"How many times has medical theory changed in the past two centuries, Kevin? Your physicians used to believe that blood-letting relieved the body of dangerous humors. They disregarded the need for cleanliness in treating wounds, so that many died of the poison of infections. Now, they are convinced that tiny creatures called bacteria and viruses are the cause of disease, but this too may seem absurd in years to come. The ropes have been changed in mid-climb again and again."
"Well, sir, that seems to negate your argument that this being exists, as the same might be said about our understanding of the universe. As we gain more knowledge, old things seem ludicrous."
Finrod smiled. "That would be true, Kevin, if evidence of another kind were not available to us."
Kevin sighed explosively. "Well, we humans don't have your advantage of being able to converse with the angels, sir."
"I am not speaking of the Valar, Kevin, though, save for one, we have found them to be eminently truthful."
"Okay, I'll bite. What evidence?"
"Even your scientists do not discount the role of intuition or, as you call them, hunches in their investigations. Did not one of them come to an understanding of molecular structure through a dream?"
"The benzene ring. Yeh, but that could just have been an unconscious leap of knowledge."
Again Finrod smiled, and nodded.
Kevin laid his head on the table. "So now you're saying that he sends dreams, I suppose."
"Yes, directly or through His servant Irmo."
Kevin lifted his head and brought his fist down on the table. "No! We're going in a circle!"
He sprang up and went to the window beside the outer door, staring out into the darkness. From behind him, Finrod asked quietly, "Do you wish me to take you back through the portal, meldonya?"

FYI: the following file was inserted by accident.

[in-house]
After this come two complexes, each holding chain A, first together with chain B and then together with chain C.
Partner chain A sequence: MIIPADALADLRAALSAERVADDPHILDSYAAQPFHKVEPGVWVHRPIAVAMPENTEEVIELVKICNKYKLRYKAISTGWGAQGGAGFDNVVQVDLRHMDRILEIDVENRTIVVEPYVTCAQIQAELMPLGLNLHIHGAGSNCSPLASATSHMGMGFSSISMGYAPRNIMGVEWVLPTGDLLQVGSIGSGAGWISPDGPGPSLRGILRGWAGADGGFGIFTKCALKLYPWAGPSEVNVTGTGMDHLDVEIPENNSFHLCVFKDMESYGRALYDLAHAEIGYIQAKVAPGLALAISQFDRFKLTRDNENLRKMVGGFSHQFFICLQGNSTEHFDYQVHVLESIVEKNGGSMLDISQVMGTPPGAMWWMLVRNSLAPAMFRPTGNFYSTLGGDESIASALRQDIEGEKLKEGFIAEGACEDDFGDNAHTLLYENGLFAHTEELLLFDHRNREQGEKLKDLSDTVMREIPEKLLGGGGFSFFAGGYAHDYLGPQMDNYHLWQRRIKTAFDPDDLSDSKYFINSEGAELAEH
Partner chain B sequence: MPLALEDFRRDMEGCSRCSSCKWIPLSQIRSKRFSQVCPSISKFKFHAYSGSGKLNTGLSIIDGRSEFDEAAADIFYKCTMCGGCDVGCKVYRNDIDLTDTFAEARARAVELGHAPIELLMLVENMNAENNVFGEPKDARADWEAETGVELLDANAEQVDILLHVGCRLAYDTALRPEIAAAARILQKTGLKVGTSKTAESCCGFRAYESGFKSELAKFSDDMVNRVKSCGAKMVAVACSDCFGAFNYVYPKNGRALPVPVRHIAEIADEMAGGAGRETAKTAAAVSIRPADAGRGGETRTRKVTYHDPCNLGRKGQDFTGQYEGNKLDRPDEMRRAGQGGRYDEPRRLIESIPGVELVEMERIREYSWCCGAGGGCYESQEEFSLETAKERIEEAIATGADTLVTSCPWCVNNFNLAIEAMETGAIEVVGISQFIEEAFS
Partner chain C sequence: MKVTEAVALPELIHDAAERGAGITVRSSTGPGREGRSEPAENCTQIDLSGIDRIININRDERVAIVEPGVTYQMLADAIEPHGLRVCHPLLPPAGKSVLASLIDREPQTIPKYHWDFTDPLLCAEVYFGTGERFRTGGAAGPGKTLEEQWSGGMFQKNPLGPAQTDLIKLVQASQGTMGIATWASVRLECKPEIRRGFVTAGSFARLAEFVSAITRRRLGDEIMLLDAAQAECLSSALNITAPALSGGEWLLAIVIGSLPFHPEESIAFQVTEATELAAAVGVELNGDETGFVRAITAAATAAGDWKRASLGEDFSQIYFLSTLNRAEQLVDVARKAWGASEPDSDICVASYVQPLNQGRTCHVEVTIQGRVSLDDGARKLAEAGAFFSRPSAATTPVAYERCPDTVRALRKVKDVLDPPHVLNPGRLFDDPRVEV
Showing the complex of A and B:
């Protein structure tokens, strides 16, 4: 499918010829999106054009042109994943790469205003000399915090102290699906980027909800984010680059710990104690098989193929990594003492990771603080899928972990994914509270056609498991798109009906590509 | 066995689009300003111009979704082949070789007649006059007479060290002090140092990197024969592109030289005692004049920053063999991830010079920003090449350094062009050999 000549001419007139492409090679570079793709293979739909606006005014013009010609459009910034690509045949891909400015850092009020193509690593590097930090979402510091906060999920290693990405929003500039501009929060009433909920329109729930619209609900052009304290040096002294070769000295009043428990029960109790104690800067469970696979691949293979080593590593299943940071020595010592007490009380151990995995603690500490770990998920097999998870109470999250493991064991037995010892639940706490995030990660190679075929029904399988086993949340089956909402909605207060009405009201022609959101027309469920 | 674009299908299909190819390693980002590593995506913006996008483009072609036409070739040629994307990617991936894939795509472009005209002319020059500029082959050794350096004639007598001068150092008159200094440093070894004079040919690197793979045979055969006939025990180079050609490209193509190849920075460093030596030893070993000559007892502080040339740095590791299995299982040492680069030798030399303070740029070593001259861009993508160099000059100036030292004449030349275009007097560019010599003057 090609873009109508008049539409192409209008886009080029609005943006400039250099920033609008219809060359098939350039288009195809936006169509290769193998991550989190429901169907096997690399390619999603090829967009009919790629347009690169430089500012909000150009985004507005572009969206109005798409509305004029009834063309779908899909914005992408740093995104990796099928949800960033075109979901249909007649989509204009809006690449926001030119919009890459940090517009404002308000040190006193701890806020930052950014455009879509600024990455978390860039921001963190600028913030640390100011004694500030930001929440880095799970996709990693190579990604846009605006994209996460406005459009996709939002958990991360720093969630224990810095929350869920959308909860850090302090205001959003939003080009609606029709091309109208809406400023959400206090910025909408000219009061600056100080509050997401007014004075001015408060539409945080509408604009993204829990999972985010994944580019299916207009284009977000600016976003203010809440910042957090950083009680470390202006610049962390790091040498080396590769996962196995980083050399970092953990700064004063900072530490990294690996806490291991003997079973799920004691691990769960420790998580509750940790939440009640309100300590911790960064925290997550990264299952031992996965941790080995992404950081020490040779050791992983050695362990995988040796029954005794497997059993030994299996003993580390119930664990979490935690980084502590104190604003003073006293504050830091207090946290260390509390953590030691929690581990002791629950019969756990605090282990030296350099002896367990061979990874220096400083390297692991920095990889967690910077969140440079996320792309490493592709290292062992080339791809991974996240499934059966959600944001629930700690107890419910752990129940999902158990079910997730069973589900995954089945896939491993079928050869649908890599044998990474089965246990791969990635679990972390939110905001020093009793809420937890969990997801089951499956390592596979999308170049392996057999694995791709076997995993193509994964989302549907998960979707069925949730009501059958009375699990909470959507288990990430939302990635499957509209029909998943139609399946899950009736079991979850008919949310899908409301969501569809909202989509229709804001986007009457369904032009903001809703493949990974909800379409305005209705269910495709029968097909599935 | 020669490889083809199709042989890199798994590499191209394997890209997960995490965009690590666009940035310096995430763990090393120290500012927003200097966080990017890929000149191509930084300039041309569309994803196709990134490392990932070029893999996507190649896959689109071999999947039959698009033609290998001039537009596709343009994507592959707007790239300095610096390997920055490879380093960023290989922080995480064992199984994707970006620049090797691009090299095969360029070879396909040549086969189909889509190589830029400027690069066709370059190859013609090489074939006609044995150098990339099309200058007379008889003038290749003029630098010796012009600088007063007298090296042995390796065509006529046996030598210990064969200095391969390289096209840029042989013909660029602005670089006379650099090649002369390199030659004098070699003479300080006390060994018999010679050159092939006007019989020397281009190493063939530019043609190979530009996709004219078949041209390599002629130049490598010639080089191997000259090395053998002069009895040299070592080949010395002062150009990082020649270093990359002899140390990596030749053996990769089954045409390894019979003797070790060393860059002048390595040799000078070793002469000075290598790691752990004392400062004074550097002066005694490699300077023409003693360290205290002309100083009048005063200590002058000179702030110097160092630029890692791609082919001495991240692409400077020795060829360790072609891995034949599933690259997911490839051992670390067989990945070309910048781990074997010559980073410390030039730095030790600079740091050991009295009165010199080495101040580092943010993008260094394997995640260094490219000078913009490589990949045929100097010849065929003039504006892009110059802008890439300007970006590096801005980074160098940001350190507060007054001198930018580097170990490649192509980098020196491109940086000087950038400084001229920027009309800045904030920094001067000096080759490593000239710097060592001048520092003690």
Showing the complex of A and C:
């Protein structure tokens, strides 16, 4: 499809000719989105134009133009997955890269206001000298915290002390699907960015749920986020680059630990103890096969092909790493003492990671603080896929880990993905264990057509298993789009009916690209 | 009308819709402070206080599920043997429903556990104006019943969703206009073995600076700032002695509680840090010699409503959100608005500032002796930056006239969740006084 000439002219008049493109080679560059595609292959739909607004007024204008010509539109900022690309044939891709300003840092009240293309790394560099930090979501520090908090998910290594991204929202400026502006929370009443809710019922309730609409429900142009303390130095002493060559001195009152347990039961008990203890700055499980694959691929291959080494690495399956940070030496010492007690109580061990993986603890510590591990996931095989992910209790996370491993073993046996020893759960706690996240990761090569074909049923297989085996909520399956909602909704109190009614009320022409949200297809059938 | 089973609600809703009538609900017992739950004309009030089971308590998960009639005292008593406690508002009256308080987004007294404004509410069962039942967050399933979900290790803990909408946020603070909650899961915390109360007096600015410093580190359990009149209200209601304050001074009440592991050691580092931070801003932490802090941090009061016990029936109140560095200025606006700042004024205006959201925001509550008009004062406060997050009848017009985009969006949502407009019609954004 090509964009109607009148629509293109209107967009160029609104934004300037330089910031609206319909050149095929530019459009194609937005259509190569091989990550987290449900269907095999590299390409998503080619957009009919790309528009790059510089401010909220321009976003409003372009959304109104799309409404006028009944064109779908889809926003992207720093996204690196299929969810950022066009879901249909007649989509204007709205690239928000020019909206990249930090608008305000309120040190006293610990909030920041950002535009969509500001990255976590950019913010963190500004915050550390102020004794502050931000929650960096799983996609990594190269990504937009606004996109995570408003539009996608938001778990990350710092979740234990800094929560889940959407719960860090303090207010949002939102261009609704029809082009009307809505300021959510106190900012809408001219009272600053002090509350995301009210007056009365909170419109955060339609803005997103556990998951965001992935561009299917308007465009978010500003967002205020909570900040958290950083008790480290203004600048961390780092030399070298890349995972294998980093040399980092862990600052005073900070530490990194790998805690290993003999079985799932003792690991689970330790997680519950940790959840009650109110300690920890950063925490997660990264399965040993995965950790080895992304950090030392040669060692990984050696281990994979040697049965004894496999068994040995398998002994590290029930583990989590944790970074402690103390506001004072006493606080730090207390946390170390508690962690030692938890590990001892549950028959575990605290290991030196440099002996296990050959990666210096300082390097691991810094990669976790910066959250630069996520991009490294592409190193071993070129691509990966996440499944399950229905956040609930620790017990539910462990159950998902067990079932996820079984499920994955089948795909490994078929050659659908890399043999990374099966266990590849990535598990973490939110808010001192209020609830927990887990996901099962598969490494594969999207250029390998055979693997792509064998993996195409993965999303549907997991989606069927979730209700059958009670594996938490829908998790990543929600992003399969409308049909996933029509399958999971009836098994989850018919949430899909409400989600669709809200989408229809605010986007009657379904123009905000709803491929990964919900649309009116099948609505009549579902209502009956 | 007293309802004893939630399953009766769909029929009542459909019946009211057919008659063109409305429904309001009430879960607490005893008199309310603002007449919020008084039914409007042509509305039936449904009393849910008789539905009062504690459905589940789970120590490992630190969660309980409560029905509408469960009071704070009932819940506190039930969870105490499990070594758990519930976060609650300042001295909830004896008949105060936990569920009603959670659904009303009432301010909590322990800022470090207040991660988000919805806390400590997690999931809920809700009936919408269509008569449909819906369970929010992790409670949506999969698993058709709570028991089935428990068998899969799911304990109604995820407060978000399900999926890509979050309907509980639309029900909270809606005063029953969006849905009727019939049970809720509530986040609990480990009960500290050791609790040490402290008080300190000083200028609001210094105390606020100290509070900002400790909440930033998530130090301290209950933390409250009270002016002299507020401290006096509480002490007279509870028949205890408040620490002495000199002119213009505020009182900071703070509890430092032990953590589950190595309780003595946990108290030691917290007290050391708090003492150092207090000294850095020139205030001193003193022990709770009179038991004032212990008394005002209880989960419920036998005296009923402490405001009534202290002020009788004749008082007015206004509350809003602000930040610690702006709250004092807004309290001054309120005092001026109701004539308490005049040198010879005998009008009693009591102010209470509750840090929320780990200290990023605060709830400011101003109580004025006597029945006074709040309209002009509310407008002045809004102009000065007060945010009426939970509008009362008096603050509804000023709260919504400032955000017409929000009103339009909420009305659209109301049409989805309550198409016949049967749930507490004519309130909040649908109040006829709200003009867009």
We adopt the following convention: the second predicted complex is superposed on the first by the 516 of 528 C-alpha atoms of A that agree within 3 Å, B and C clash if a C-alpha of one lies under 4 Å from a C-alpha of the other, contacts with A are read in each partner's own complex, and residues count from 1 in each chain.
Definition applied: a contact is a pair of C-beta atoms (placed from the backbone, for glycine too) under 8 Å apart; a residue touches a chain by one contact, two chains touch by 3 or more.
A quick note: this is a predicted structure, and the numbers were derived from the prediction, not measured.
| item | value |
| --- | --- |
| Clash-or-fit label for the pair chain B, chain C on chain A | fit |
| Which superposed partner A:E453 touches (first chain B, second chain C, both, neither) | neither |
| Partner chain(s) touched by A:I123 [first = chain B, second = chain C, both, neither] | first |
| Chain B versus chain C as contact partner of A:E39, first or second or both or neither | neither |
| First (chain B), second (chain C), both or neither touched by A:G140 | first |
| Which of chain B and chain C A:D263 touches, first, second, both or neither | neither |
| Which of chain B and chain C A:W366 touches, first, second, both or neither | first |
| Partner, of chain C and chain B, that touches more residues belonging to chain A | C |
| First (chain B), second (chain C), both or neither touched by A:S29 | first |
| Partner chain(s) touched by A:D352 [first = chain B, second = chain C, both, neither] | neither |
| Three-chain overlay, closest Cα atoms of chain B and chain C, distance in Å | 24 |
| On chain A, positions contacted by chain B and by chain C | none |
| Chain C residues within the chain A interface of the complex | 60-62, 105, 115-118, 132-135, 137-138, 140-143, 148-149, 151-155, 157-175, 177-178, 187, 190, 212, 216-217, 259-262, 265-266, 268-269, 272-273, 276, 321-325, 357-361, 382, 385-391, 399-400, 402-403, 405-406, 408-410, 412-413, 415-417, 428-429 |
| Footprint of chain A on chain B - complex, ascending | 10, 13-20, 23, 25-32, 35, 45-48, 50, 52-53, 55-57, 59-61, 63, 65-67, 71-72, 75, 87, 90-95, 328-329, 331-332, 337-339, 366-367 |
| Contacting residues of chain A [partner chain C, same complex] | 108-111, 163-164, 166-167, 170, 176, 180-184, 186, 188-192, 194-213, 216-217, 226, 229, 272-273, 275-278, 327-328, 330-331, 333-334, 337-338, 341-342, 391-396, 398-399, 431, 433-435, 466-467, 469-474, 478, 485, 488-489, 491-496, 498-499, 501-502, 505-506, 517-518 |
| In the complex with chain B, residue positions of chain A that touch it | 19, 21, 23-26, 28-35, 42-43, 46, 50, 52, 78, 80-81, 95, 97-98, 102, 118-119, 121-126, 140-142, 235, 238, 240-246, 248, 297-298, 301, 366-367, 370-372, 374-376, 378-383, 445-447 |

Kevin whirled, drawing a breath to answer hotly. Then, seeing the compassion on his companion's face, he stopped, his shoulders slumped and he came back to his chair and sat. "No, sir. It wouldn't help. I would just think it was all a dream. I don't know what to do. You all have been so kind to me and have not pressed me. When I asked to talk with you, I had it all worked out—all the arguments, but now I'm as much at a loss as I was before we started."
"I am listening, meldonya."
"Sir, the—Histories say that there was a long period of time without either sun or moon. That's impossible. The earth would freeze. They say that until the Downfall of N˙menor, the earth was like a disk. Gravitational observation shows that can't happen; the forces would tear the planet to bits! Your lore says the sun and moon were originally a blossom and a fruit of—the Trees! Spectrographic analysis shows that the sun is a ball of burning gas and the moon simply reflects its light!"
Kevin had risen again and was pacing the room, "And now, you want me to just throw all that out and accept these myths? I can't, sir! I simply can't!"
Finrod said calmly, "What is a myth, Kevin?"
"A tale, a story made up by pre-scientific people to explain why things are."
"That is partially correct."
"A myth is also a way of bringing into the world of actual experience those things which are beyond explanation—of any kind, Kevin. In the case of the Histories, meldonya, whether verified by scientific experimentation or not, they are true. Wait, let me finish. I myself was there, in Aman, when the Trees were in flower. It is not a tale to me, but a clear memory."
Kevin had come to the table, the edge of which he gripped in white-knuckled hands. After a moment, he sank down into his chair and gazed at Finrod with a look almost of despair. The Elda regarded him quietly. After a while, Kevin said, "How can I do this? I don't know how to do this."
"No one has asked you to disregard knowledge gained through observation, Kevin. You have a clear and orderly mind. Yet some of your greatest scientists can hold both the light of the fŰa and the understanding of the hr÷a, both the glory of the Trees and the fire of Anar. For these lore-masters of the Atani, there is no contradiction, for they see in the orderly circling of the spheres the love and splendor of Il˙vatar, and they rejoice. I believe that you are one of these. Do not let Shadow cloud your vision. The Enemy ever desires to sow discord among the Children of Il˙vatar, and he makes knowledge something to be desired above all things, to the exclusion of estel. This my people have learned to our sorrow."
"Trust in the One."
Kevin groaned and rubbed his temples. "I feel like I'm caught in the Fence again."
Finrod smiled. "Then ask your teacher to release you."
Kevin laughed shakily. "I've been avoiding her, and now I haven't seen her for weeks. She's probably furious with me."